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Allen Furlong and Karen Turnbull
The reason for Alien Furlong's and Karen Turnbull's joint exhibition must surely have been to take advantage of the stark juxtapositions which resulted. Furlong's works are Minimalist, combining painting and assemblage. His media include canvas, balsa, plywood and acrylic paint. Turnbull's work consists of enormous graphite drawings of a dog, a fish, and a shell. Her work is realist, although these 'portraits' call for more than a realist interpretation and/or viewing. The very disparate nature of the works can be apprehended in the initial simplicity of describing Turnbull's work as opposed to the description of Furlong's. The works' titles underline this difference, Furlong 's Hate is a sandpaper ice cube... as opposed to Turnbull 's Weimaraner (sic) for instance.
There is a strange twisting or swapping of functions in looking at the works side by side. What Furlong's works claim to represent is evidenced in their titles; California Suite, Decline of New, Some Construct and even not titled. At the same time the works are far removed from the familiar form of claims to represent and from any concept of appearance. We expect nameable objects to be represented yet the works are highly reductive, stripped bare of easily identifiable or describable objects from external 'reality'. Turnbull 's titles on the other hand act to refer; this is a Weimaraner Dog, this a Red Oranda Fish, this an Oriental Spiral Shell. Yet she presents these things as real objects eliding the process through which she has brought them to our attention, her art. We have the sense that these are snap shots from a childhood collection of pets and shells. Portraiture makes one of the strongest claims to the Essential Copy that the realist tradition pursues. These drawings make the claim to copy and at the same time mock the copyist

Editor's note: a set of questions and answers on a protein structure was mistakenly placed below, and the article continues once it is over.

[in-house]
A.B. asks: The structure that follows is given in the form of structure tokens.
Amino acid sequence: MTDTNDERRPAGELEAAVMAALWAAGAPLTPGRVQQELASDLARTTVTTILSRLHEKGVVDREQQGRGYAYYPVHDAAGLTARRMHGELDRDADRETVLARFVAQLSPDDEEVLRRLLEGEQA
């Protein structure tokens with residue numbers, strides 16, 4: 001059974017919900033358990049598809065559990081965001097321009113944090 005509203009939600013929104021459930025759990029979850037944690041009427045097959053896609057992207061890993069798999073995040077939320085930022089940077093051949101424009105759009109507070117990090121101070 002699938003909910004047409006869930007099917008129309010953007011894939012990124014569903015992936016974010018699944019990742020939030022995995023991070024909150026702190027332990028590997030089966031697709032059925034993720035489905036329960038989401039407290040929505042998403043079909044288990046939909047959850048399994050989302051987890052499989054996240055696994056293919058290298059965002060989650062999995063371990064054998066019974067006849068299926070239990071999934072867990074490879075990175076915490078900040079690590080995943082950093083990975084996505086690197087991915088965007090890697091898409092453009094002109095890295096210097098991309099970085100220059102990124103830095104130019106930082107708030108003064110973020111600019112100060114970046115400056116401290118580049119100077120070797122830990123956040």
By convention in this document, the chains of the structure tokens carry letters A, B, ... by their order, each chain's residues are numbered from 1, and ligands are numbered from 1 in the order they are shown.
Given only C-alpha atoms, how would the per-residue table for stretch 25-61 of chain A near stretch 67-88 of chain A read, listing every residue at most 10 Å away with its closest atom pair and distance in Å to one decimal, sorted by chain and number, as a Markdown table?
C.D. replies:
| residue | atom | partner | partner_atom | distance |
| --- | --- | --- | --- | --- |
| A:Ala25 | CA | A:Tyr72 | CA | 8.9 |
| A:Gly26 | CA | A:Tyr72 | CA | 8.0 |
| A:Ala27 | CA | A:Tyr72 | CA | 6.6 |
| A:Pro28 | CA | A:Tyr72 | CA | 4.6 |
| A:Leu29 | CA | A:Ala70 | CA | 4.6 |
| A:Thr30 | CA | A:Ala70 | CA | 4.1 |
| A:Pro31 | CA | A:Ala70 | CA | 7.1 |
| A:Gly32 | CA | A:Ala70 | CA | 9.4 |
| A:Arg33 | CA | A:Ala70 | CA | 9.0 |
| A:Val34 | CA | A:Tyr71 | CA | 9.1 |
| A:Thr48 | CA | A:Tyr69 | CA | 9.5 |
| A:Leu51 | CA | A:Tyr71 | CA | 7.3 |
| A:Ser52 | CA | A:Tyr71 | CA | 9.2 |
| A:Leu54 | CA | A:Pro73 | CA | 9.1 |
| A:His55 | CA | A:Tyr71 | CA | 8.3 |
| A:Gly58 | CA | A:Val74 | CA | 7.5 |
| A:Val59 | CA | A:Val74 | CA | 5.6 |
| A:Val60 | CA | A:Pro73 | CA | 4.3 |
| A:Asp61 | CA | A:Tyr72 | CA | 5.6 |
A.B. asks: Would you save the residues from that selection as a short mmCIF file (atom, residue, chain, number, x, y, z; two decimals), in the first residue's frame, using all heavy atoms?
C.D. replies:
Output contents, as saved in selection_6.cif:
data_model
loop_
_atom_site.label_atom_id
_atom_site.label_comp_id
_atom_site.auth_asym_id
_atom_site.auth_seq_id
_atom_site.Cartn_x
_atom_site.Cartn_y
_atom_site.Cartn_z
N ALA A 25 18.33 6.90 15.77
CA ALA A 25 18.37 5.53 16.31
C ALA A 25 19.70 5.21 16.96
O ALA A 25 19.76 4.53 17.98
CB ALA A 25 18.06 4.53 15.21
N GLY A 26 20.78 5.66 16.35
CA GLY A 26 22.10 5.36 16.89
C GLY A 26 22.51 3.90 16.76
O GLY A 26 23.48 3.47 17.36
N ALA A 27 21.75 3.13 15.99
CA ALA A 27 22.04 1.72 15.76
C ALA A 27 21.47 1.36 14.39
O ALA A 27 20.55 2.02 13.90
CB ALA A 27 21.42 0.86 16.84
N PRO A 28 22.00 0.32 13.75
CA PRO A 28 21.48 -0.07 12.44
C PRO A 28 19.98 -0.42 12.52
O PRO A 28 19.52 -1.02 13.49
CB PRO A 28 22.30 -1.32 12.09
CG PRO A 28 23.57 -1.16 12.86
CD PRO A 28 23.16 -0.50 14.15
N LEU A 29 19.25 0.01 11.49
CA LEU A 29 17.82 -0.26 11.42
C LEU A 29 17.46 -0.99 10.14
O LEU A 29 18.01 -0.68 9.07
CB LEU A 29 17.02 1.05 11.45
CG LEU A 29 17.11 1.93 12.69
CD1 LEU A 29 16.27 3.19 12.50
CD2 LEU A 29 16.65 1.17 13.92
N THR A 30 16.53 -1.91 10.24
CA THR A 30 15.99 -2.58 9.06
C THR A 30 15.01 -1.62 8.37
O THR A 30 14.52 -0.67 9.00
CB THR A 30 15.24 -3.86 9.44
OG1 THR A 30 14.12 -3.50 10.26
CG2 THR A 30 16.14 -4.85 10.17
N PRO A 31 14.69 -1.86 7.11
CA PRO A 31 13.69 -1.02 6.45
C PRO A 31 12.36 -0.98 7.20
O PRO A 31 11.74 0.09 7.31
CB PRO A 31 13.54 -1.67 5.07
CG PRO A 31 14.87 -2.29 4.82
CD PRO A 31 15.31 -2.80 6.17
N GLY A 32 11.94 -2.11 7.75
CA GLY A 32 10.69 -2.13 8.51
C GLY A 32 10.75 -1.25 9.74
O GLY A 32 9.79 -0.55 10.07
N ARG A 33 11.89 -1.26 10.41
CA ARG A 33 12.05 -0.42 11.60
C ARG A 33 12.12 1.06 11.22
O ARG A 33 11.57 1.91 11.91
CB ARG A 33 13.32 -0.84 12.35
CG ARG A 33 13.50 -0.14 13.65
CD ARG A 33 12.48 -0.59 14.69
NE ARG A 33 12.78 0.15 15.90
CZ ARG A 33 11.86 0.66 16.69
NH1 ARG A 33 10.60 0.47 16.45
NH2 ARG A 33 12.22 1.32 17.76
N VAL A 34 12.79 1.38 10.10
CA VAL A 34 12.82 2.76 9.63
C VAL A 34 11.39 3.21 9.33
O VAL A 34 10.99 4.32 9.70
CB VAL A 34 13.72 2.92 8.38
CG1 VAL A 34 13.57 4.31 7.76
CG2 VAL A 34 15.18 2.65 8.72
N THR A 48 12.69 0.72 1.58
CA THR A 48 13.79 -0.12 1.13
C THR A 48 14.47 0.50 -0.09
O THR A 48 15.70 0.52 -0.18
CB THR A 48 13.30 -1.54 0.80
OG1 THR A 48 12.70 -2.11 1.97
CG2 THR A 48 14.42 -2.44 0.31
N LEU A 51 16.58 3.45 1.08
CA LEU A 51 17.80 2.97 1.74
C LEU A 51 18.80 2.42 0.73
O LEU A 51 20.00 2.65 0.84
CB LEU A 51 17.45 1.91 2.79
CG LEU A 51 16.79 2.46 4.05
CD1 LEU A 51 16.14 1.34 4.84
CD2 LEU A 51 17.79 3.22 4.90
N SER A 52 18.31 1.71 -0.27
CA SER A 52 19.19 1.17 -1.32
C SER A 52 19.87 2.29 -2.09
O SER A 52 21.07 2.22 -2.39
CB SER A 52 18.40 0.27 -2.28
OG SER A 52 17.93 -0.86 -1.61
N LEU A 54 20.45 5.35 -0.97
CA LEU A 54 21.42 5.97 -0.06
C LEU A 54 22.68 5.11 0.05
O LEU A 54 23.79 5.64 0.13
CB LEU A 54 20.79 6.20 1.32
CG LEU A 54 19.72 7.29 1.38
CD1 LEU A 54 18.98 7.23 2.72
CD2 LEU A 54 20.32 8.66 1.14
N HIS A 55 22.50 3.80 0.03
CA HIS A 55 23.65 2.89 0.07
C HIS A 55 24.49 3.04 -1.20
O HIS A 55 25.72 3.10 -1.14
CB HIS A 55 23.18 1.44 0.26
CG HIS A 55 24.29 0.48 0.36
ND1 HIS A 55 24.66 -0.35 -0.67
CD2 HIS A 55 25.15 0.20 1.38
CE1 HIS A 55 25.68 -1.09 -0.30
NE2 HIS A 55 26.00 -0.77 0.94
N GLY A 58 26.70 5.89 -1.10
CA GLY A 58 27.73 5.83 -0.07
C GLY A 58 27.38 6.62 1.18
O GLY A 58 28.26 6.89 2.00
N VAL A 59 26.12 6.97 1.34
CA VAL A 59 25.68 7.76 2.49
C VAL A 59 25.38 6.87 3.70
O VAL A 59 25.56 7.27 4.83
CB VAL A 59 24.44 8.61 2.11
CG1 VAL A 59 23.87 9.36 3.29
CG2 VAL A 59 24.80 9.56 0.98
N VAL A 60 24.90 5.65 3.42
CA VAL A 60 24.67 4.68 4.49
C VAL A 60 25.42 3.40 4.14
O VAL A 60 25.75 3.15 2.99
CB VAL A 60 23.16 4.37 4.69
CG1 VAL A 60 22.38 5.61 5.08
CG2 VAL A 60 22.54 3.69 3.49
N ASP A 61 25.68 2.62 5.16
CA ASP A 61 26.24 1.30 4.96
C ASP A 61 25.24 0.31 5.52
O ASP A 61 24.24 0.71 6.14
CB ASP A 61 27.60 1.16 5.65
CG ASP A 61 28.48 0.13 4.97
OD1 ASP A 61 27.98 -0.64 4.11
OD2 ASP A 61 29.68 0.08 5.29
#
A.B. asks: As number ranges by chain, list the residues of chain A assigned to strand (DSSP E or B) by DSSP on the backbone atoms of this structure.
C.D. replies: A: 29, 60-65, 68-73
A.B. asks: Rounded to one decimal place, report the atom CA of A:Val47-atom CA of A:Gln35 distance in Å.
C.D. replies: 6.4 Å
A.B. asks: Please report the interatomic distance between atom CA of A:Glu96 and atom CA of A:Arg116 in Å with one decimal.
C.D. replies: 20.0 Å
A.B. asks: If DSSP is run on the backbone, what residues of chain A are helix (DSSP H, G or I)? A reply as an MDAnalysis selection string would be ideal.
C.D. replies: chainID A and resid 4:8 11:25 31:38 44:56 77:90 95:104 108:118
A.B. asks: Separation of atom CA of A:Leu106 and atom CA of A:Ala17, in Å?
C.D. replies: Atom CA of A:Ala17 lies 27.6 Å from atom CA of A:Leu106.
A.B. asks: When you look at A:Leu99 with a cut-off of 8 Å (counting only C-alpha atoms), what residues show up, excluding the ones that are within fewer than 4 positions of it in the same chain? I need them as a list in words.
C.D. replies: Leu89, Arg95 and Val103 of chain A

What does hanging these works together achieve? Do these very different approaches act to define each other? They have limited success on this count but they do persuasively demonstrate concepts of visuality. To look from one to the other is to have to adjust our vision. We cannot look at these very different images in the same way. With Turnbull's realist works we again readjust our vision suspecting or hoping that because of the juxtapositions there is more going on here then the straightforward representation of dogs, fish and shells.
Of the two artist's work Turnbull's is the first to benefit from the juxtapositions set up very directly in the hanging of the exhibition. Her over-scaled insistently rendered graphite drawings are made to appear lavish, full of discursive possibilities beside the starkly minimal works of Furlong. It is easy to imagine Turnbull laughing at this description of richness and deliberation, as a strong sense of parody is evident in her work in relation to the subjects she chooses and her unlikely portraiture approach.